The sister of murdered pensioner Richard Mannington Bowes has said she forgives the teen who killed her brother during the summer riots, after he was locked up for eight years.
Darrell Desuze, 17, punched the elderly man to the ground as disturbances swept the country on 8 August last year.
Bowes, who had been trying to put out a fire in a dustbin near his home in Ealing, west London, suffered brain damage and died three days later in hospital.
Desuze, who was 16 at the time, was sentenced to eight years' detention at Inner London Crown Court on Tuesday, while his mother Lavinia was jailed for 18 months for perverting the course of justice by getting rid of the clothes he wore that night.
Mannington Bowes' sister, Anne Wilderspin, who travelled from Derbyshire for the hearing on Tuesday, said she forgave Desuze for killing her brother.
She said although she had been separated from Mannington Bowes for many years, she hoped for a reconciliation, which the teenager had "permanently denied".
"I was completely devastated that I had found my brother and lost him again on the same day," she said.
But she said justice had been served and some months ago had decided to forgive Desuze.
"Darrell and his mother have blown their prospects as regards opportunities for future employment. Their integrity is hopelessly damaged.
"I hope and pray that they will now have the opportunity to look at their lifestyles in a different light so as to find a new purpose in life."
Desuze - who once enjoyed a school trip to the Metropolitan Police's riot training centre in Gravesend, Kent, where he watched a simulated riot - was caught on camera kicking in a shopping centre's glass doors before joining a mob that attacked heavily outnumbered police with missiles around Spring Bridge Road.
Wearing a distinctive top saying "Robbers and Villains", he punched Mr Bowes in the jaw, knocking him unconscious.
The pensioner fell backwards on to the pavement and his head took the full force of the impact on the road.
It was several minutes before police could get to the pensioner, because of the violent scenes around him.
Desuze previously pleaded guilty to manslaughter, as well as a charge of violent disorder and four counts of burglary.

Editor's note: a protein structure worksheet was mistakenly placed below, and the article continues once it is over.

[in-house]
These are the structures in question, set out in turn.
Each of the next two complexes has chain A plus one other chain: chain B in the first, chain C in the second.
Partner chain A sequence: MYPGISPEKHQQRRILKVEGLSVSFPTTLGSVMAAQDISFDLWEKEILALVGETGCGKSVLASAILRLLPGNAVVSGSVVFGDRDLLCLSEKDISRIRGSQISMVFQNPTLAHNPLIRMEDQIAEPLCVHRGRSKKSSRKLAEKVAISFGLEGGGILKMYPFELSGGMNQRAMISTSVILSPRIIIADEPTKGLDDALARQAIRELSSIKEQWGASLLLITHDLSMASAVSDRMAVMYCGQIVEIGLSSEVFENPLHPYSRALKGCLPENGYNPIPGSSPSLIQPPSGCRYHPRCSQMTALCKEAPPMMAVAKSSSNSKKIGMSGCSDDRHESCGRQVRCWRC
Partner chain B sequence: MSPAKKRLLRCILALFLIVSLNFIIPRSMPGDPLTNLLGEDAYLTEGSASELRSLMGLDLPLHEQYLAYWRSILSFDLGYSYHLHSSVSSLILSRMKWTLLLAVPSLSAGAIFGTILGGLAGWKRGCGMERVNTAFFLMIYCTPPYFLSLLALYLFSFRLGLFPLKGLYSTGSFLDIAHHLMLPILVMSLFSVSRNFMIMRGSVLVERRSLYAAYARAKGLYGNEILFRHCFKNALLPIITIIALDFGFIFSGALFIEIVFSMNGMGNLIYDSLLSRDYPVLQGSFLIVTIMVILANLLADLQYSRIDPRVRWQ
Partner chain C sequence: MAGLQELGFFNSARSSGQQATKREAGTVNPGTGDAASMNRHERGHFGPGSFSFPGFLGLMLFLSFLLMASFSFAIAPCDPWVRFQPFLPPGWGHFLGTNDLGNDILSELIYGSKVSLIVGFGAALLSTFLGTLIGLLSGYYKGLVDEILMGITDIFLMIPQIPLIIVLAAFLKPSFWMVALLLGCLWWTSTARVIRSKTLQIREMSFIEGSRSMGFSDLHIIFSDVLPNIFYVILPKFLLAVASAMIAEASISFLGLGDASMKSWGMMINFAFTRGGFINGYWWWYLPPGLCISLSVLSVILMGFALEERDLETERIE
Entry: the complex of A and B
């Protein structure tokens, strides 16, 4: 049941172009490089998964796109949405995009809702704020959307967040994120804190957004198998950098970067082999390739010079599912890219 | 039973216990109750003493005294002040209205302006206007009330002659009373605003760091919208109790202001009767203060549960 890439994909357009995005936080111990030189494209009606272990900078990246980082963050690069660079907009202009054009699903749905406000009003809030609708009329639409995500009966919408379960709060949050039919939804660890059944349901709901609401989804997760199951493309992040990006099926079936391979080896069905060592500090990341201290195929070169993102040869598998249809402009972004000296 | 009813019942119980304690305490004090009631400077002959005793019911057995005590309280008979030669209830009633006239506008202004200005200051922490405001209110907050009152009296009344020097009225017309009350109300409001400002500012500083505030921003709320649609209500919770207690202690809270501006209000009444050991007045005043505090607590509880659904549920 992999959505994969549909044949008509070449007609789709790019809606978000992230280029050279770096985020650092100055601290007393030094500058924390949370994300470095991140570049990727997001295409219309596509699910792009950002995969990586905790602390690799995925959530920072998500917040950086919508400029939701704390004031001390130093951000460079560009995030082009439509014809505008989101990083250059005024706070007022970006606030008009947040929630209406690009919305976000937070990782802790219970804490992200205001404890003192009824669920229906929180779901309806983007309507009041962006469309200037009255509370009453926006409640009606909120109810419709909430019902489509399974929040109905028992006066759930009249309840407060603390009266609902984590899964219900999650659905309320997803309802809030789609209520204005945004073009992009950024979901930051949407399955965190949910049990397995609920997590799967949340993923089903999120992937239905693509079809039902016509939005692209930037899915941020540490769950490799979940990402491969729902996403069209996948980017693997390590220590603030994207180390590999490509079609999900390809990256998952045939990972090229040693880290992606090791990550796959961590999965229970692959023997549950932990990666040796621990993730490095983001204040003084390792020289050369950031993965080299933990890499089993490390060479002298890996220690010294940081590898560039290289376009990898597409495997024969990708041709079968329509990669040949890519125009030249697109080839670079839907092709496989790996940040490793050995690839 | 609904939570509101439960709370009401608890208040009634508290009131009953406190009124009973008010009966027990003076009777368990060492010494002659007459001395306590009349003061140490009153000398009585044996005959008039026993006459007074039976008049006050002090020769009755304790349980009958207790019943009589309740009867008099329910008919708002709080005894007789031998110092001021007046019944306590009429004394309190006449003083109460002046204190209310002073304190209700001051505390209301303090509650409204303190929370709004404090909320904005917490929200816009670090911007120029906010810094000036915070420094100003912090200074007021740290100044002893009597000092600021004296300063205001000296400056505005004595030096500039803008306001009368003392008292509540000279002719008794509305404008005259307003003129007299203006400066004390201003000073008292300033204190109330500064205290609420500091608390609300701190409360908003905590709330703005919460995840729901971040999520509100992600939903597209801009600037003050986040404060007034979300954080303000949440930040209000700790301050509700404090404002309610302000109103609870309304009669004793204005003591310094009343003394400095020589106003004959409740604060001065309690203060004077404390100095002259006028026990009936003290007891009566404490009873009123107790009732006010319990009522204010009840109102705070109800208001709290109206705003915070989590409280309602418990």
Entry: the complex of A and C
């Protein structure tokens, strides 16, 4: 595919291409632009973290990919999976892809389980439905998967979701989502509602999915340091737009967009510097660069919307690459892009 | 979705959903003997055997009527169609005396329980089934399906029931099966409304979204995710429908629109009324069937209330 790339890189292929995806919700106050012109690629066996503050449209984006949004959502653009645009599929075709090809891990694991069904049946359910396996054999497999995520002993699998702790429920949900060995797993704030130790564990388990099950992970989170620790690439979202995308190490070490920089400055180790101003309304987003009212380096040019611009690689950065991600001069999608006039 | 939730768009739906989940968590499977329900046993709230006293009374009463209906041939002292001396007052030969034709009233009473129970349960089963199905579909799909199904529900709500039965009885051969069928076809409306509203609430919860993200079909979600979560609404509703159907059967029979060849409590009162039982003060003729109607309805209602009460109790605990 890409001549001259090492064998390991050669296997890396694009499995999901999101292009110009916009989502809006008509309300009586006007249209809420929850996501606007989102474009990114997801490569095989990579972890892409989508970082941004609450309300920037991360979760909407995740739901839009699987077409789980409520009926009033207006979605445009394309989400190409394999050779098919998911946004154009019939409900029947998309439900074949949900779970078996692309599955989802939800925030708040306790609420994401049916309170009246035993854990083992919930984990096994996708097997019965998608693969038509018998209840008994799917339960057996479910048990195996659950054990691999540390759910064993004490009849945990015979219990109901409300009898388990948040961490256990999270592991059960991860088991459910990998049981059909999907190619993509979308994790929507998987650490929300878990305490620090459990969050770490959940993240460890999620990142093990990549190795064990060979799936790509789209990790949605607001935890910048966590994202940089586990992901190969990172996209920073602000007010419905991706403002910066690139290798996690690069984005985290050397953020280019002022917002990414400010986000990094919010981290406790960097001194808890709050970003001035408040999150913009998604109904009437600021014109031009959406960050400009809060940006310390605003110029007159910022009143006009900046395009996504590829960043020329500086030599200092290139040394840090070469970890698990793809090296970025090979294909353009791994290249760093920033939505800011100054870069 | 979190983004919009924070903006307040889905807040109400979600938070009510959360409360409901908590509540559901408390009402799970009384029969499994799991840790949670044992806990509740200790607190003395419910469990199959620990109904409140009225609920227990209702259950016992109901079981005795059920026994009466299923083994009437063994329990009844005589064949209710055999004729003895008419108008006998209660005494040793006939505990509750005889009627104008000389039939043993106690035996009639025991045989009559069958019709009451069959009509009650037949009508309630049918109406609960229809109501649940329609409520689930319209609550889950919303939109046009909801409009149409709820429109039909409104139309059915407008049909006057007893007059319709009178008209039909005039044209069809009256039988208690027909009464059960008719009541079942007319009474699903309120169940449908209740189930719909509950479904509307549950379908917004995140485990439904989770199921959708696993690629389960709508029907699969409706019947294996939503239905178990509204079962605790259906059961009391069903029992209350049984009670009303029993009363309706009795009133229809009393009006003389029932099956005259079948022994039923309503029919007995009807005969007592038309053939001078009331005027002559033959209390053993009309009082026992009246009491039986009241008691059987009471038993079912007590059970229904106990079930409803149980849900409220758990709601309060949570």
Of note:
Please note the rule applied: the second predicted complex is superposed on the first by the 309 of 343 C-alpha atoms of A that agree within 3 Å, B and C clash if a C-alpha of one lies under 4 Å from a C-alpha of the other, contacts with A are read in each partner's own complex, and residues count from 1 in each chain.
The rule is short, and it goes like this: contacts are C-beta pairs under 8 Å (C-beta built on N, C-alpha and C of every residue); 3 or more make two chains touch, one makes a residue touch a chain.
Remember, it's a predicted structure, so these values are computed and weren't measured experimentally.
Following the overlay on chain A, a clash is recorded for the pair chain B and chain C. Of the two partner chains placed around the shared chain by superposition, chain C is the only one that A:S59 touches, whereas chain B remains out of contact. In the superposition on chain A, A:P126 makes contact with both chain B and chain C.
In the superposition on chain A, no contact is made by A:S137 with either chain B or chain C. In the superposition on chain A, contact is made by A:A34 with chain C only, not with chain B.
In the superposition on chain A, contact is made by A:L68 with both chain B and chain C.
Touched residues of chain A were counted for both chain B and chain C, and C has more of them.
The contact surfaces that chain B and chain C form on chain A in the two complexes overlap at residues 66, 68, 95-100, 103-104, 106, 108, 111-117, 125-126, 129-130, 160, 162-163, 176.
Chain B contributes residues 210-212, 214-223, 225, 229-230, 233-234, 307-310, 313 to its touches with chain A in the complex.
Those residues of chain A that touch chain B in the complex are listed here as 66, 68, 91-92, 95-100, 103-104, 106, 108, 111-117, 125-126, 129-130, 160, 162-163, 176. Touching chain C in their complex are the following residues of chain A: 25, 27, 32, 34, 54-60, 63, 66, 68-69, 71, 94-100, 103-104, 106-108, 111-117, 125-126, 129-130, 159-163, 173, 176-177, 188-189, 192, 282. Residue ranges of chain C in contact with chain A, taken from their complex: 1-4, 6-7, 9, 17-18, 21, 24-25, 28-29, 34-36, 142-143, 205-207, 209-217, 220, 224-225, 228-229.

His 31-year-old mother was found guilty by a jury of perverting the course of justice, and was jailed for 18 months for destroying and disposing of the distinctive clothing her son wore that night.
Sentencing Darrell Desuze, Mr Justice Saunders said he "played a full part" in the violence that day.
He said most people were afraid to go out and those caught up in the riots would have been "terrified".
"One person who was not terrified to be out and was not prepared to be forced off the streets was Richard Mannington Bowes," he said.
He said the pensioner could be seen passing through rioters and trying to prevent fires that had been started in wheelie bins from spreading, and the punch that felled him could be seen on CCTV, which showed him falling to the ground.
"The death of Mr Bowes was pointless and unnecessary and it became for the public one of the most, if not the most, shocking event of the riots in London," he added.
The judge said Desuze helped move Mr Bowes' body on to the pavement, but that also meant he knew he had caused him serious injury. He said the teenager had also gone on to loot four shops.
Jailing Lavinia Desuze for 18 months, the judge said he felt some sympathy for her.
Desuze was sentenced to eight years' detention at Inner London Crown Court on Tuesday
But at the time she destroyed the clothing she was aware another man had been arrested and she had increased the chance of him being wrongly prosecuted, he said.
"On the jury's verdict, even though she committed a very serious offence, she did so to protect her young son to whom she had given birth when she was only 14 and who she had looked after as a single mother for most of his life...", he said.
"I accept that the instinct of a mother to protect her child is a very powerful one."
Mitigating for Darrell Desuze, Nicholas Valios QC said the teenager had no previous convictions and had "genuine and sincere" remorse for his actions.
Harold Persaud, for Lavinia Desuze, said her attempts to pervert the course of justice had ultimately proved unsuccessful and she had gone on to co-operate with police.
"She has not been able to come to terms and to deal with the fact that her son has taken someone's life and committed manslaughter," he said.
He said for both she and her son, his actions would continue to affect both of them long after they were released from prison.
After the case Detective Chief Superintendent Andy Rowell, borough commander at Ealing, said they continued to investigate and pursue those involved in rioting.
He said: "We have already examined hundreds of hours of CCTV and continue to do so, this will inevitably lead to further arrests in the near future.
"Mr Mannington Bowes was an innocent man trying to do the decent and honest thing of protecting life and property. Tragically he lost his life whilst doing so."